The United States and Japan are set to announce this week a significant boost to their military relationship and an upgrade to the U.S. military’s posture in the country, including the deployment of a newly redesigned Marine unit with advanced intelligence, surveillance capabilities and the ability to fire anti-ship missiles, according to two U.S. officials briefed on the matter.
The announcement sends a strong signal to China and comes as part of initiatives to rapidly speed up security and intelligence ties between the countries.
The news is expected to be announced on Wednesday when US Defense Secretary Lloyd Austin and Secretary of State Antony Blinken meet their Japanese counterparts in Washington. Officials gather for the annual meeting of the US-Japan Security Advisory Committee, days before President Joe Biden plans to meet with Japanese Prime Minister Fumio Kishida at the White House.
The newly revamped Marine unit will be based in Okinawa and will be aimed at strengthening deterrence against Chinese aggression in the volatile region and creating a force that can defend Japan and respond quickly to contingencies, officials said. Okinawa is considered a key US military base for operations in the Pacific, in part because of its proximity to Taiwan. It houses more than 25,000 US troops and more than two dozen military installations. About 70% of US military bases in Japan are located in Okinawa; One island in Okinawa Prefecture, Yonaguni, is less than 70 miles from Taiwan, according to the Council on Foreign Relations.
It is one of the most significant changes to U.S. military forces in the region in years, one official said, underscoring the Pentagon’s desire to transition from past wars in the Middle East to a future in the Indo-Pacific. . The change comes as simulated war games by a prominent Washington think tank found that Japan, and Okinawa in particular, would play a major role in a military conflict with China, providing the United States with pre-deployment and basing capabilities.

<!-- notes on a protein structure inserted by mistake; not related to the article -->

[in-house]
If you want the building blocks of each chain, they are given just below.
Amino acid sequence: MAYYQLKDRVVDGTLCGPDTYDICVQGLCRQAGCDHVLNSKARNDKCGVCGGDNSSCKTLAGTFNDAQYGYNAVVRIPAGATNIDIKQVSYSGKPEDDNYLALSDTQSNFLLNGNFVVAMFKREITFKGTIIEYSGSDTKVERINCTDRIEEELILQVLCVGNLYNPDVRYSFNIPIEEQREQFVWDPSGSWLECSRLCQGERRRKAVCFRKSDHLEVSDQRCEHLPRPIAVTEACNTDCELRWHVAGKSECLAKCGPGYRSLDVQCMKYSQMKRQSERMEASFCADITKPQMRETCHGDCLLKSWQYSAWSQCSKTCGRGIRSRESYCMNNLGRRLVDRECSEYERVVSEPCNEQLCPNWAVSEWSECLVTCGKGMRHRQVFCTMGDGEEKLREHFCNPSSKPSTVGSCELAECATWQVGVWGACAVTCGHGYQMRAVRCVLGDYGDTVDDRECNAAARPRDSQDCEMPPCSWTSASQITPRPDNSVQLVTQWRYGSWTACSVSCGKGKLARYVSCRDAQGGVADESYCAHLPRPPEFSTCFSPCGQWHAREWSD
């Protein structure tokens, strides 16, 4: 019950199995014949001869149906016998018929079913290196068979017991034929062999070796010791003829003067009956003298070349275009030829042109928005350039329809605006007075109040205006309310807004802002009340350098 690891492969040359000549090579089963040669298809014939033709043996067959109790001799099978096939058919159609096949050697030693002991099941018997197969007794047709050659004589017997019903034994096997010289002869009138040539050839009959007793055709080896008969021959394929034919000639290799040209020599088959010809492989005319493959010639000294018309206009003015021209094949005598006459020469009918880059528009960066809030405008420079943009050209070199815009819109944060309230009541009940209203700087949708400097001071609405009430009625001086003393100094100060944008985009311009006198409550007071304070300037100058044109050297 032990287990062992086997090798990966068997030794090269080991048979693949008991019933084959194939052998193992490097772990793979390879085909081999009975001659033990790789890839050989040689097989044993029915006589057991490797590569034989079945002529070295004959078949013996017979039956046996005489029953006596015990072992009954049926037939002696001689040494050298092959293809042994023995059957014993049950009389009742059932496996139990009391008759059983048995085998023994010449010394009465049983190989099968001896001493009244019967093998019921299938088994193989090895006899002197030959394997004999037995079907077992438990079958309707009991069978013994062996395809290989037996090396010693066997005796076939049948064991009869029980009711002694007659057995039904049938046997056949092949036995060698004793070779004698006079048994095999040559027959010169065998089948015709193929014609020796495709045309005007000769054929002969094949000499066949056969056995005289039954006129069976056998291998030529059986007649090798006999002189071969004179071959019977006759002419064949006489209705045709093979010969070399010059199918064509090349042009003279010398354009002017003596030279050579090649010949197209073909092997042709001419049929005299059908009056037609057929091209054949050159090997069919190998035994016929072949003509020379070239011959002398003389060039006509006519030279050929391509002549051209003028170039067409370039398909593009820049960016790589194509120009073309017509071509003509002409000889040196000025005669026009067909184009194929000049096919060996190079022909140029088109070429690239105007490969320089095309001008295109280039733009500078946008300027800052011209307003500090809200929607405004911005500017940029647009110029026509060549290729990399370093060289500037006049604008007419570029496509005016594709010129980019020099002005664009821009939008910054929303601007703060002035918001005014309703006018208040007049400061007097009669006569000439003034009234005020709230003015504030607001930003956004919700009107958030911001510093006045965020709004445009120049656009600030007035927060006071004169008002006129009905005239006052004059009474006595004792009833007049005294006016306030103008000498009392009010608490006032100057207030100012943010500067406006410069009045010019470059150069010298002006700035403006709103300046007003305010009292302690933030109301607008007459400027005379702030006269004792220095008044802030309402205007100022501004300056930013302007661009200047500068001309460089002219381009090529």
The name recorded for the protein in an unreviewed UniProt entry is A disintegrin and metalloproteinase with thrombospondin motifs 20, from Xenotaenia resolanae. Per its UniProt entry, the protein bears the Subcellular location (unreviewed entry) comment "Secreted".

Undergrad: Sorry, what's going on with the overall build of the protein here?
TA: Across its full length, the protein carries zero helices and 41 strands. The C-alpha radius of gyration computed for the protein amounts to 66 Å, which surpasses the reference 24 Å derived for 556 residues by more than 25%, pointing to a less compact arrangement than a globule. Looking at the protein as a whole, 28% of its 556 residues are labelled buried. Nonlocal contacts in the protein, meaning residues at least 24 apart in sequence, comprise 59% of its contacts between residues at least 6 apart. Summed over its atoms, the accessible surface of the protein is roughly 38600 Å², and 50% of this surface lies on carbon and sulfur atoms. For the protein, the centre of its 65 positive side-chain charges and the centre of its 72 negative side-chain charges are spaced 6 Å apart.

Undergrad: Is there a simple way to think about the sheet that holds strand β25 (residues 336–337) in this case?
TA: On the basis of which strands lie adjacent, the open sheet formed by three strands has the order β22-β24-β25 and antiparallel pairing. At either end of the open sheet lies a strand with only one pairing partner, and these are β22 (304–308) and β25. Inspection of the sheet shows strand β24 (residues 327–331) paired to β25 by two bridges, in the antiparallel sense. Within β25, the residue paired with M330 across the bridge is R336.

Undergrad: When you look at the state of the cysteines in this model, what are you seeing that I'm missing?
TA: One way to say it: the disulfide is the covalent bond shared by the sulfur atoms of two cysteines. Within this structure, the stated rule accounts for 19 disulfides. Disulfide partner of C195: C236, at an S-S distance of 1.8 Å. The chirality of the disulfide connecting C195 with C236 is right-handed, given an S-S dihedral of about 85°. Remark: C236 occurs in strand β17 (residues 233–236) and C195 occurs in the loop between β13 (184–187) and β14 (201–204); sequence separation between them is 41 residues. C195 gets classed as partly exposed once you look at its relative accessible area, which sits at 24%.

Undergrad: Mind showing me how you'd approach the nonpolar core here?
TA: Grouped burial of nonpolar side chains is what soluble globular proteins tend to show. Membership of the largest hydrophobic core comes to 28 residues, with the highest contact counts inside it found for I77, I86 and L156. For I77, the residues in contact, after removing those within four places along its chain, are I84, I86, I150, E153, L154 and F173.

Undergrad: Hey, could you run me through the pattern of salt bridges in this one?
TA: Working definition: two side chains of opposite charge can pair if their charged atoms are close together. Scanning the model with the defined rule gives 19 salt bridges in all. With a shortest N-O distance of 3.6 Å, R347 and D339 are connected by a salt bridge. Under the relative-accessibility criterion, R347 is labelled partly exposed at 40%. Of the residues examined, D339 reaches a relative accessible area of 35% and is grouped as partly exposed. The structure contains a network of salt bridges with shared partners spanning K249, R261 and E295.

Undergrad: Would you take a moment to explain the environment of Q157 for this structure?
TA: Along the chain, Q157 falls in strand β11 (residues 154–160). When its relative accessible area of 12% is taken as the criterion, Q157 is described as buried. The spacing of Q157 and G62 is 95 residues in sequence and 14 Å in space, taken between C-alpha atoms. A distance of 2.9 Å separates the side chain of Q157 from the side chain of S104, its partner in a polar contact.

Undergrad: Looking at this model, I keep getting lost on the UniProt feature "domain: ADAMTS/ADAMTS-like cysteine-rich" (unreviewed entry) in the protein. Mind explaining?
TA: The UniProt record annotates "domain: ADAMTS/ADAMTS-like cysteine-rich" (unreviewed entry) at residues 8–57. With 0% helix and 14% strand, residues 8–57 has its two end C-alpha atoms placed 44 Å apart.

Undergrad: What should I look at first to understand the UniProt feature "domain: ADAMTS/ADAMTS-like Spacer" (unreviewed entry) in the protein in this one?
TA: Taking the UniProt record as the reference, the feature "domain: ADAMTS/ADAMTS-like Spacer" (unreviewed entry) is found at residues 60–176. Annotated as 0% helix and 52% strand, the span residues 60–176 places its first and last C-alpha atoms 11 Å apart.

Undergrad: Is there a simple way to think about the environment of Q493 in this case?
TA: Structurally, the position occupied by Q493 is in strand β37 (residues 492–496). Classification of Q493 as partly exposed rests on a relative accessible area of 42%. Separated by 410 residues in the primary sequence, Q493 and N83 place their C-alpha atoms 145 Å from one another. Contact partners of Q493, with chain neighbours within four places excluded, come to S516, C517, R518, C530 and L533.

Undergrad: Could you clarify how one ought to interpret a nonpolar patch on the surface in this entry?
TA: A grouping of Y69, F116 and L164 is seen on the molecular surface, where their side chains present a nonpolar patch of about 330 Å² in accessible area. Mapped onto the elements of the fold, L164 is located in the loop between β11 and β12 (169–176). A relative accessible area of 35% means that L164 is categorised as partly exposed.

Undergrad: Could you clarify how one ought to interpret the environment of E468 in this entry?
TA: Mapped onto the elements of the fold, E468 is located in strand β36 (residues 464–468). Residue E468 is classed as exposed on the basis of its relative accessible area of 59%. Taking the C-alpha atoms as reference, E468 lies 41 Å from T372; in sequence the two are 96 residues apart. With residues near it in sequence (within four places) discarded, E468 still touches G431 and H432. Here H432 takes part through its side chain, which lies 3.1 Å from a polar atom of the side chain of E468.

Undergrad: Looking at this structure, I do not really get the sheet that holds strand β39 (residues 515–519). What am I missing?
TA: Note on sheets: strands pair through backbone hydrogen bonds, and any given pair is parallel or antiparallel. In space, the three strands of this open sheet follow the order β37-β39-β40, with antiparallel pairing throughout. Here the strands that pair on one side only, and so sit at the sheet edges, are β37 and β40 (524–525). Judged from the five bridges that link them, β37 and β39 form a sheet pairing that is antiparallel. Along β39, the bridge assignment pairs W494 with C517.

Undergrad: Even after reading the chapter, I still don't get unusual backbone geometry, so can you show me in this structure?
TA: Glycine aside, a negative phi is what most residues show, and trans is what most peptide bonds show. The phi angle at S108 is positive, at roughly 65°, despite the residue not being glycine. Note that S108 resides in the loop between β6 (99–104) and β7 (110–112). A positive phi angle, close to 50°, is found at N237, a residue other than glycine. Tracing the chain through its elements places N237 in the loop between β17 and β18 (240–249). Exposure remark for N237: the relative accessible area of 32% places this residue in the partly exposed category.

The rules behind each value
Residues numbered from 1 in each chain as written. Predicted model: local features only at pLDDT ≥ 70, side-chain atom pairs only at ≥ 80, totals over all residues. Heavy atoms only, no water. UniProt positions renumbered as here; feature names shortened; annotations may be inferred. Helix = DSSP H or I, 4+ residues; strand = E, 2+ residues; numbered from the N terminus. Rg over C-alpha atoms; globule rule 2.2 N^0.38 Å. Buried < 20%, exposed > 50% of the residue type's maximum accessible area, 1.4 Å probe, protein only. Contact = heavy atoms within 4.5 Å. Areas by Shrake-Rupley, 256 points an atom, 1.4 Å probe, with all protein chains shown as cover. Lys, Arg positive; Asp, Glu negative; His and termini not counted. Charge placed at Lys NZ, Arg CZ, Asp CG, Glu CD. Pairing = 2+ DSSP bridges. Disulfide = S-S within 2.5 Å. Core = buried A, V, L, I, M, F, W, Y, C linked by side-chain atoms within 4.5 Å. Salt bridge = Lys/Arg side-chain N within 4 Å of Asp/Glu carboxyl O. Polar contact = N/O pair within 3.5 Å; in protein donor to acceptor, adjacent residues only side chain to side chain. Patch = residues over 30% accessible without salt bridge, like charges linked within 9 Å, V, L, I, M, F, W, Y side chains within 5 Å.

“I think it’s fair to say that 2023, in my view, will likely be the most transformative year in the US force posture in the region in a generation,” said Ely Ratner, assistant secretary of defense for the Indo-Pacific. Last month at the American Enterprise Institute.
The news follows the first Marine Regiment in Hawaii last year, when the 3rd Marine Regiment in Hawaii became the 3rd Marine Regiment, a key part of the Marine Corps’ modernization effort outlined in Vision 2030. in the force design report. from General David Berger.
As described by the service, the Coast Guard is a “mobile, low-signature” unit capable of conducting strikes, coordinating air and missile defenses, and supporting ground warfare.
The Washington Post first reported the soon-to-be-announced changes.
In addition to restructuring the Marine Corps at home, the United States and Japan will announce on Wednesday that they are expanding their defense treaty to include attacks in or out of space, US officials said, amid growing concerns about China’s rapidly advancing space program. development of hypersonic weapons.
In November, China launched three astronauts to its near-complete space station as Beijing seeks to secure a long-term presence in space. China has also explored the far side of the Moon and Mars.
The two allies will declare that Article V of the US-Japan Security Treaty, first signed in 1951, applies to attacks from or inside space, officials said. in 2019 The US and Japan have made it clear that the defense treaty applies to cyberspace and that a cyber attack can be considered an armed attack under certain circumstances.